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Switching To Vape Helps Smokers Quit, Even Those With Schizophrenia

Vaping high-strength nicotine is said to help adults, along with those suffering from schizophrenia, to stop smoking conventional cigarettes, a recent study finds.

Stopping Heavy Smoking With Vape

Switching to vape products like the  Yocan Vaporizer has been documented to help smokers quit. One prevalent recent study showing this benefit of vaping comes from the King’s College London. The study published on March 9, 2021, shows the effectiveness of using vape and e-cigarettes for quitting smoking among adults in the UK, compared to other cessation methods like nicotine replacement therapy.

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Also, according to a study made by the Public Health England (PHE), nicotine vaping devices were the most popular aid used by smokers who want to quit smoking in 2020. The use of vaping products has some of the highest quit success rate— from 59.7% in 2019 to 74% in 2020.

In addition, a recent study also shows how people suffering from schizophrenia can stop smoking with the help of vaping products.

The study demonstrated that switching to a high-strength nicotine e-cigarette can be an effective method for smoking cessation for people with schizophrenia.

For the study, the researchers determined and analyzed the effects of vaping high-strength nicotine in forty (40) adults suffering from schizophrenia. All study participants smoked traditional cigarettes and had no plans of quitting or cutting back.

For 12 weeks, the participants used vapes loaded with 5% nicotine pods.  After 12 weeks, 40% had stopped relying on and using traditional cigarettes. Also, 9 out of 10 had a sustained 50% reduction in traditional smoking or completely quitted. Meanwhile, the median traditional cigarette use dropped from 25 to only 6 cigarette sticks a day.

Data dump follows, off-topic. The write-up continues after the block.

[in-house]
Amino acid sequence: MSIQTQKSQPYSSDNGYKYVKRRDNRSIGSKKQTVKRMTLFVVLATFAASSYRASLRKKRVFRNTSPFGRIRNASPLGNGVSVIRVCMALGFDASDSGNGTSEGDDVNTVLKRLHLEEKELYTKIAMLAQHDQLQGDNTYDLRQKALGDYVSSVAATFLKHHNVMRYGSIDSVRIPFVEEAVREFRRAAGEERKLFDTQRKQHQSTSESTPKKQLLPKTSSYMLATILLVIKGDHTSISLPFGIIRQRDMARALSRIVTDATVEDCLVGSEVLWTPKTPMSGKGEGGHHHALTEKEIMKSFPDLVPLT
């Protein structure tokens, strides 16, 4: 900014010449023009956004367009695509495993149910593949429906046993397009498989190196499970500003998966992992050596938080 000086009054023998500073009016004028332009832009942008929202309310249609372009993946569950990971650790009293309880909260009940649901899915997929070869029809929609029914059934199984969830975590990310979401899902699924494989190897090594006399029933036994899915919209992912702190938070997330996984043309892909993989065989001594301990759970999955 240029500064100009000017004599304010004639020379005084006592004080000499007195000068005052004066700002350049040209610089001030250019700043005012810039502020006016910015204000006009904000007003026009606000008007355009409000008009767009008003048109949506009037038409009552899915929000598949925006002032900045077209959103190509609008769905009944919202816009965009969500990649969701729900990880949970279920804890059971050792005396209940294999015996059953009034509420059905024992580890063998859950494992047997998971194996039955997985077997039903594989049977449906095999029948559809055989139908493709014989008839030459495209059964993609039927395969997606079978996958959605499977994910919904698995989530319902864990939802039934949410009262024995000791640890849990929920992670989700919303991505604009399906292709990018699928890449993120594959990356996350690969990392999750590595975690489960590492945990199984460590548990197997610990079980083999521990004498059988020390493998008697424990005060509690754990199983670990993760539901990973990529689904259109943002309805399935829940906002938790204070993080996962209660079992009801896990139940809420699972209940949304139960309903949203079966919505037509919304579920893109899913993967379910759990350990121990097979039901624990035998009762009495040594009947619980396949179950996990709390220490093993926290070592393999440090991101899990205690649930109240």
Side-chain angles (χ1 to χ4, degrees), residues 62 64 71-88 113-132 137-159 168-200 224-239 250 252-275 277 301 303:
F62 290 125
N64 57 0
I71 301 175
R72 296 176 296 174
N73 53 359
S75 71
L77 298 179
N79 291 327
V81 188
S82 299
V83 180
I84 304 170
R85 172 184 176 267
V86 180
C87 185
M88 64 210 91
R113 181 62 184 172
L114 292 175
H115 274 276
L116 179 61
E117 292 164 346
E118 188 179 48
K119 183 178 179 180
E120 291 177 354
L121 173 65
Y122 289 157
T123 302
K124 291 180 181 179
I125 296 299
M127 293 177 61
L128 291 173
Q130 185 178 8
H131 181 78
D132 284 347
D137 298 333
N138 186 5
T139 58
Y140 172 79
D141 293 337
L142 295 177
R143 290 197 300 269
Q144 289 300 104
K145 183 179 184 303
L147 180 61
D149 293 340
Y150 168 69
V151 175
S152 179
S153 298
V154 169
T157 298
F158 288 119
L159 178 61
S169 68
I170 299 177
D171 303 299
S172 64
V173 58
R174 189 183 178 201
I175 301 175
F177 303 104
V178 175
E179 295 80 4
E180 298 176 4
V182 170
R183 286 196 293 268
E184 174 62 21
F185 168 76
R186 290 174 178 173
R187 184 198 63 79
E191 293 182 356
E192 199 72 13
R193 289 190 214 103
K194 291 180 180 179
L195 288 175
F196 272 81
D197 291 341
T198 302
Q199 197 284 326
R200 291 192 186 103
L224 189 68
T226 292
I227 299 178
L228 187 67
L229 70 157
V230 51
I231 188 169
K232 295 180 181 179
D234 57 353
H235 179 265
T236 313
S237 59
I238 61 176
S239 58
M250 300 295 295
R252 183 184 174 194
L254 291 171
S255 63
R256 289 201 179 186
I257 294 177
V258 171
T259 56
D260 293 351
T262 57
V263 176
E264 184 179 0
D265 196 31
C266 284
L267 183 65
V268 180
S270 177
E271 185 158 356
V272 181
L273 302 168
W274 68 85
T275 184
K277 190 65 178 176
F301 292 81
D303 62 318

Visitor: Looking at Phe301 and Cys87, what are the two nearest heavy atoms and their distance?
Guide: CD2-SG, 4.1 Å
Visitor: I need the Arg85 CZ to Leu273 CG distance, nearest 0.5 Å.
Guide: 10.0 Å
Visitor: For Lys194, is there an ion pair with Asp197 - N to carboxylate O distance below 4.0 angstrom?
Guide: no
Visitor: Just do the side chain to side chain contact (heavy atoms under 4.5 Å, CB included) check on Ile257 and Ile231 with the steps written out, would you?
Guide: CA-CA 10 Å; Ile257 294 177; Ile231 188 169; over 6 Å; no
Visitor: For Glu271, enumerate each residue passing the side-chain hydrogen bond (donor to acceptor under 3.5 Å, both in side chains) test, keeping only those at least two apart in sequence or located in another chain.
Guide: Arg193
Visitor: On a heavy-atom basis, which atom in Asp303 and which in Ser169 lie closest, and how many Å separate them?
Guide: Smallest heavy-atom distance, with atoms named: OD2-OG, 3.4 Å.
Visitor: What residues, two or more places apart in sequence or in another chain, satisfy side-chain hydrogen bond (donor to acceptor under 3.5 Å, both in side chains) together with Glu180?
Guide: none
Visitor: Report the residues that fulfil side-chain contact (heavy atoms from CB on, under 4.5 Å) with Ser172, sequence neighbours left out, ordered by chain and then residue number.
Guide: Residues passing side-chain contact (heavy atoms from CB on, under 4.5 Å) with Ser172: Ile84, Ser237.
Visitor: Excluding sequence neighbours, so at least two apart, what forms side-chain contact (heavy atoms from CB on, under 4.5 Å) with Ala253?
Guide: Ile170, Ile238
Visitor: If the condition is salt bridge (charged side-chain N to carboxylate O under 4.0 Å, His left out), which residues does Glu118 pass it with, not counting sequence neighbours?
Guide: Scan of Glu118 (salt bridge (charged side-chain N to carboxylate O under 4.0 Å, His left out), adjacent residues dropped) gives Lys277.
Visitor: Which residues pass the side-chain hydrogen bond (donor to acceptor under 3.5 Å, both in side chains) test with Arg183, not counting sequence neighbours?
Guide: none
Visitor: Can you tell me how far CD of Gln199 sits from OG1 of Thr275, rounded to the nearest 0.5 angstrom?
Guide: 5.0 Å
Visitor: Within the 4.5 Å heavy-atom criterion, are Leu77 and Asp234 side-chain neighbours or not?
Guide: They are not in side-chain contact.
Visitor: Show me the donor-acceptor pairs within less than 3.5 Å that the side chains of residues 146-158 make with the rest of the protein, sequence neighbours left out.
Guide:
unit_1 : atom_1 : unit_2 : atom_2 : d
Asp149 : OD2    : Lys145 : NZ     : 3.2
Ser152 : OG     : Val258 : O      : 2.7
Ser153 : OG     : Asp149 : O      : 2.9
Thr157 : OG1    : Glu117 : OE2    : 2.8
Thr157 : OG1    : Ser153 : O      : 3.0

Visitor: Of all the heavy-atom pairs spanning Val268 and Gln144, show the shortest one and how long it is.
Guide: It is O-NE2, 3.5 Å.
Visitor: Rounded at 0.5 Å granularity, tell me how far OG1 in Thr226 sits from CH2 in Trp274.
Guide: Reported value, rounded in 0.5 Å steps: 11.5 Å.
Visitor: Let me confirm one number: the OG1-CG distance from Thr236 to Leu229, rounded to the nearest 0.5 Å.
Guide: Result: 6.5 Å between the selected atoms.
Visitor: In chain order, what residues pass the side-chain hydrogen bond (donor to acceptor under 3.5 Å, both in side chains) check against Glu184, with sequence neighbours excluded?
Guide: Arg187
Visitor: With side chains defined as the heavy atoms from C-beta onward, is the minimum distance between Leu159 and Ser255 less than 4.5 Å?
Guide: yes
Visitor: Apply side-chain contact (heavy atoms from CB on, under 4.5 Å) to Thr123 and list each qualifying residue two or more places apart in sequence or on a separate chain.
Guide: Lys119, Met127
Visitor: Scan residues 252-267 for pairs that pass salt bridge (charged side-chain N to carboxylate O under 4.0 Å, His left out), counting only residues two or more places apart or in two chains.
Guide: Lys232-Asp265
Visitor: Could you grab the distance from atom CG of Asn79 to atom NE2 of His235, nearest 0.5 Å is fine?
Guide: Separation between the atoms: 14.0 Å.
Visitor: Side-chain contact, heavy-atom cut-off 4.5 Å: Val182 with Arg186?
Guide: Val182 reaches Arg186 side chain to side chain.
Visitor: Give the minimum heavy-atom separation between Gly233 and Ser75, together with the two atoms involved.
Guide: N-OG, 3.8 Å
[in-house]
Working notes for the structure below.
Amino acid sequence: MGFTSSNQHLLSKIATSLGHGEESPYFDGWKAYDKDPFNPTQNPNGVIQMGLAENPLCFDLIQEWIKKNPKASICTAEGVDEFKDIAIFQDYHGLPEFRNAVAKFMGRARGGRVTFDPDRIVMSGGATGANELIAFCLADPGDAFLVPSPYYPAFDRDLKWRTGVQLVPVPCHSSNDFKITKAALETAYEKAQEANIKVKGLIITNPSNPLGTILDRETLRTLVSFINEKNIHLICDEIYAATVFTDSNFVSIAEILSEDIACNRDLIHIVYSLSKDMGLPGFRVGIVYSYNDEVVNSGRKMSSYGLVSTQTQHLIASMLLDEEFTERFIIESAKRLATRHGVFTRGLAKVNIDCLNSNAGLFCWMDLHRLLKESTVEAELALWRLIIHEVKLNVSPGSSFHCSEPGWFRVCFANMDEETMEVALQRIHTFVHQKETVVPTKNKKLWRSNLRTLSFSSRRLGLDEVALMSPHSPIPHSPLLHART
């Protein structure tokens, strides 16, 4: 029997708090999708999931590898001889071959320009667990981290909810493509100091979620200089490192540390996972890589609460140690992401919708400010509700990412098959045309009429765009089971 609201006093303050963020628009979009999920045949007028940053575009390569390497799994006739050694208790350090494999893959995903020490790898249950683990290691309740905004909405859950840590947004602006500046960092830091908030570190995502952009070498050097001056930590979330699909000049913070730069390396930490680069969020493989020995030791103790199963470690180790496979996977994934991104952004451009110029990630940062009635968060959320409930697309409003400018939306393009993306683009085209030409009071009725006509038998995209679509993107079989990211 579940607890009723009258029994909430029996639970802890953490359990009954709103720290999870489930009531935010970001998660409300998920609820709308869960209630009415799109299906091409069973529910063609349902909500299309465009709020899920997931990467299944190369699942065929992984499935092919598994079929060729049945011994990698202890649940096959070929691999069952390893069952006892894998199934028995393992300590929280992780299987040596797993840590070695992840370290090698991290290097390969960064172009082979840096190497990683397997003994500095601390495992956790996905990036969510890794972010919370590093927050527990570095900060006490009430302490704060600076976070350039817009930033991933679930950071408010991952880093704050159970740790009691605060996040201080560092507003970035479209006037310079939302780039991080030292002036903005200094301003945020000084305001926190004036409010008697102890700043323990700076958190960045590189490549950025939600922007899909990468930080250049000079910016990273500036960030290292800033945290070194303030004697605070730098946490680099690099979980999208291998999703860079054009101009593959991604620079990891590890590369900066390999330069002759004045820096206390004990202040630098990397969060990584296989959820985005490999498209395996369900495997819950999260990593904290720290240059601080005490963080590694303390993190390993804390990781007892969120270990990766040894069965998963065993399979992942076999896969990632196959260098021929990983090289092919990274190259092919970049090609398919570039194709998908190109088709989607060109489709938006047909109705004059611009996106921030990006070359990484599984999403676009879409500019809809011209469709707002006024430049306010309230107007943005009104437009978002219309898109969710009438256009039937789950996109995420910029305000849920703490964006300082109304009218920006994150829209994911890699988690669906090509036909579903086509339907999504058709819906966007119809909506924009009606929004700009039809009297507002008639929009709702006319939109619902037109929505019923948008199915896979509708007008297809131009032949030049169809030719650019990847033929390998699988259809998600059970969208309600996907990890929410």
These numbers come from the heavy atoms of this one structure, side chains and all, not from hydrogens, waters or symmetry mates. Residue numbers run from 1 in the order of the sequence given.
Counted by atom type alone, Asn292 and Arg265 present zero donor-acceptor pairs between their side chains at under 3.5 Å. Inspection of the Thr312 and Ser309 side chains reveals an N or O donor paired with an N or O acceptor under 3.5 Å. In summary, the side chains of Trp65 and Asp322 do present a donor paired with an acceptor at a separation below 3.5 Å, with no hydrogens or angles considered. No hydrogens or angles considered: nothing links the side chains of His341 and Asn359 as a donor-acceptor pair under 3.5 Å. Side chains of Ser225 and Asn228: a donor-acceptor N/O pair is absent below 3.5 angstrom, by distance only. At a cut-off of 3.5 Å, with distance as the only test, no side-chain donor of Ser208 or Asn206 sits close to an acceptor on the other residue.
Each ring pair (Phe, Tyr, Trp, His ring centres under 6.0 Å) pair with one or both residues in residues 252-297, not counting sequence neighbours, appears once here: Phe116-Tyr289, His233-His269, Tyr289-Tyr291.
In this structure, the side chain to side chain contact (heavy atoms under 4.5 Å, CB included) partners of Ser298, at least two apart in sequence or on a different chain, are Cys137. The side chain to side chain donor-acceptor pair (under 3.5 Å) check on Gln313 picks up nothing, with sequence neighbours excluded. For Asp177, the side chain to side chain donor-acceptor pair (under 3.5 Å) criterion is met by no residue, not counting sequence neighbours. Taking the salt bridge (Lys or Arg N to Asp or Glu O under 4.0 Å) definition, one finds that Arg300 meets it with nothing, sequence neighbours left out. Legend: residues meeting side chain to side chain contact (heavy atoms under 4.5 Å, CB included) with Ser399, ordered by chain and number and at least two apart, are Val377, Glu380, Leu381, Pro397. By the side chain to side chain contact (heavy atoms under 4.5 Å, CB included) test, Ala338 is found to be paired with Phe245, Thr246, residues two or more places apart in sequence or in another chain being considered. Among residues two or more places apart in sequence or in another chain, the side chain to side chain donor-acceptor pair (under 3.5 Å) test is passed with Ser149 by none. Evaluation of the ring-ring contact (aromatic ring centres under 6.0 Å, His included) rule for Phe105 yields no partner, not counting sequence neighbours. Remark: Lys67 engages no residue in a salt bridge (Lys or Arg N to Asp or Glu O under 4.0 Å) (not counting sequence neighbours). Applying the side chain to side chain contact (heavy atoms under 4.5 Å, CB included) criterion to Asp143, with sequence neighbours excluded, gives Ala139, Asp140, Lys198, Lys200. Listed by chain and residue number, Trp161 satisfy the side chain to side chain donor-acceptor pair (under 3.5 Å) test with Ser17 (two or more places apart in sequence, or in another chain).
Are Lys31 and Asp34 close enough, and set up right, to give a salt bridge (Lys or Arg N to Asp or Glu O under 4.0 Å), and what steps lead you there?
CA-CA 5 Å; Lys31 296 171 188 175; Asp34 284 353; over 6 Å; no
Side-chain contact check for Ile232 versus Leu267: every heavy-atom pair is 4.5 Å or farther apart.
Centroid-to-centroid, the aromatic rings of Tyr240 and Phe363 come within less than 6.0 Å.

The study also shows that after 6 months, 35% of the participants had stopped smoking traditional cigarettes and continued with vaping. Meanwhile, 57.5% already reduced their traditional cigarette use by over half.

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Other than smoking cessation, researchers also saw an increase in the participant’s quality of life. The results showed a dropped in the average blood pressure, weight, and heart rate of participants over the first 12 weeks. And by the end of the study period, almost 62% of participants said that they felt less irritable and hungry while more awake and have better concentration and focus.  

Schizophrenia and Smoking

Schizophrenia is a psychological disorder that affects less than 1% of the US population. When active, its symptoms can include hallucinations, delusions, trouble with thinking, disorganized speech, and lack of motivation.

In terms of smoking, research revealed over 60% of individuals with schizophrenia are current smokers, compared to only 15% – 24% of the general population. This contributed to the excessive mortality rate in this population. The reasons for such high rate of both smoking prevalence and the heavy smoking of patients with schizophrenia are thought to be at least partially connected to the enhancement of the brain’s dopaminergic activity. This results in behavioral reinforcement due to the stimulant effects.

It has been suggested that smoking can be an attempt by those suffering from schizophrenia to alleviate their cognitive deficits and reducing the extrapyramidal side effects caused by antipsychotic drugs.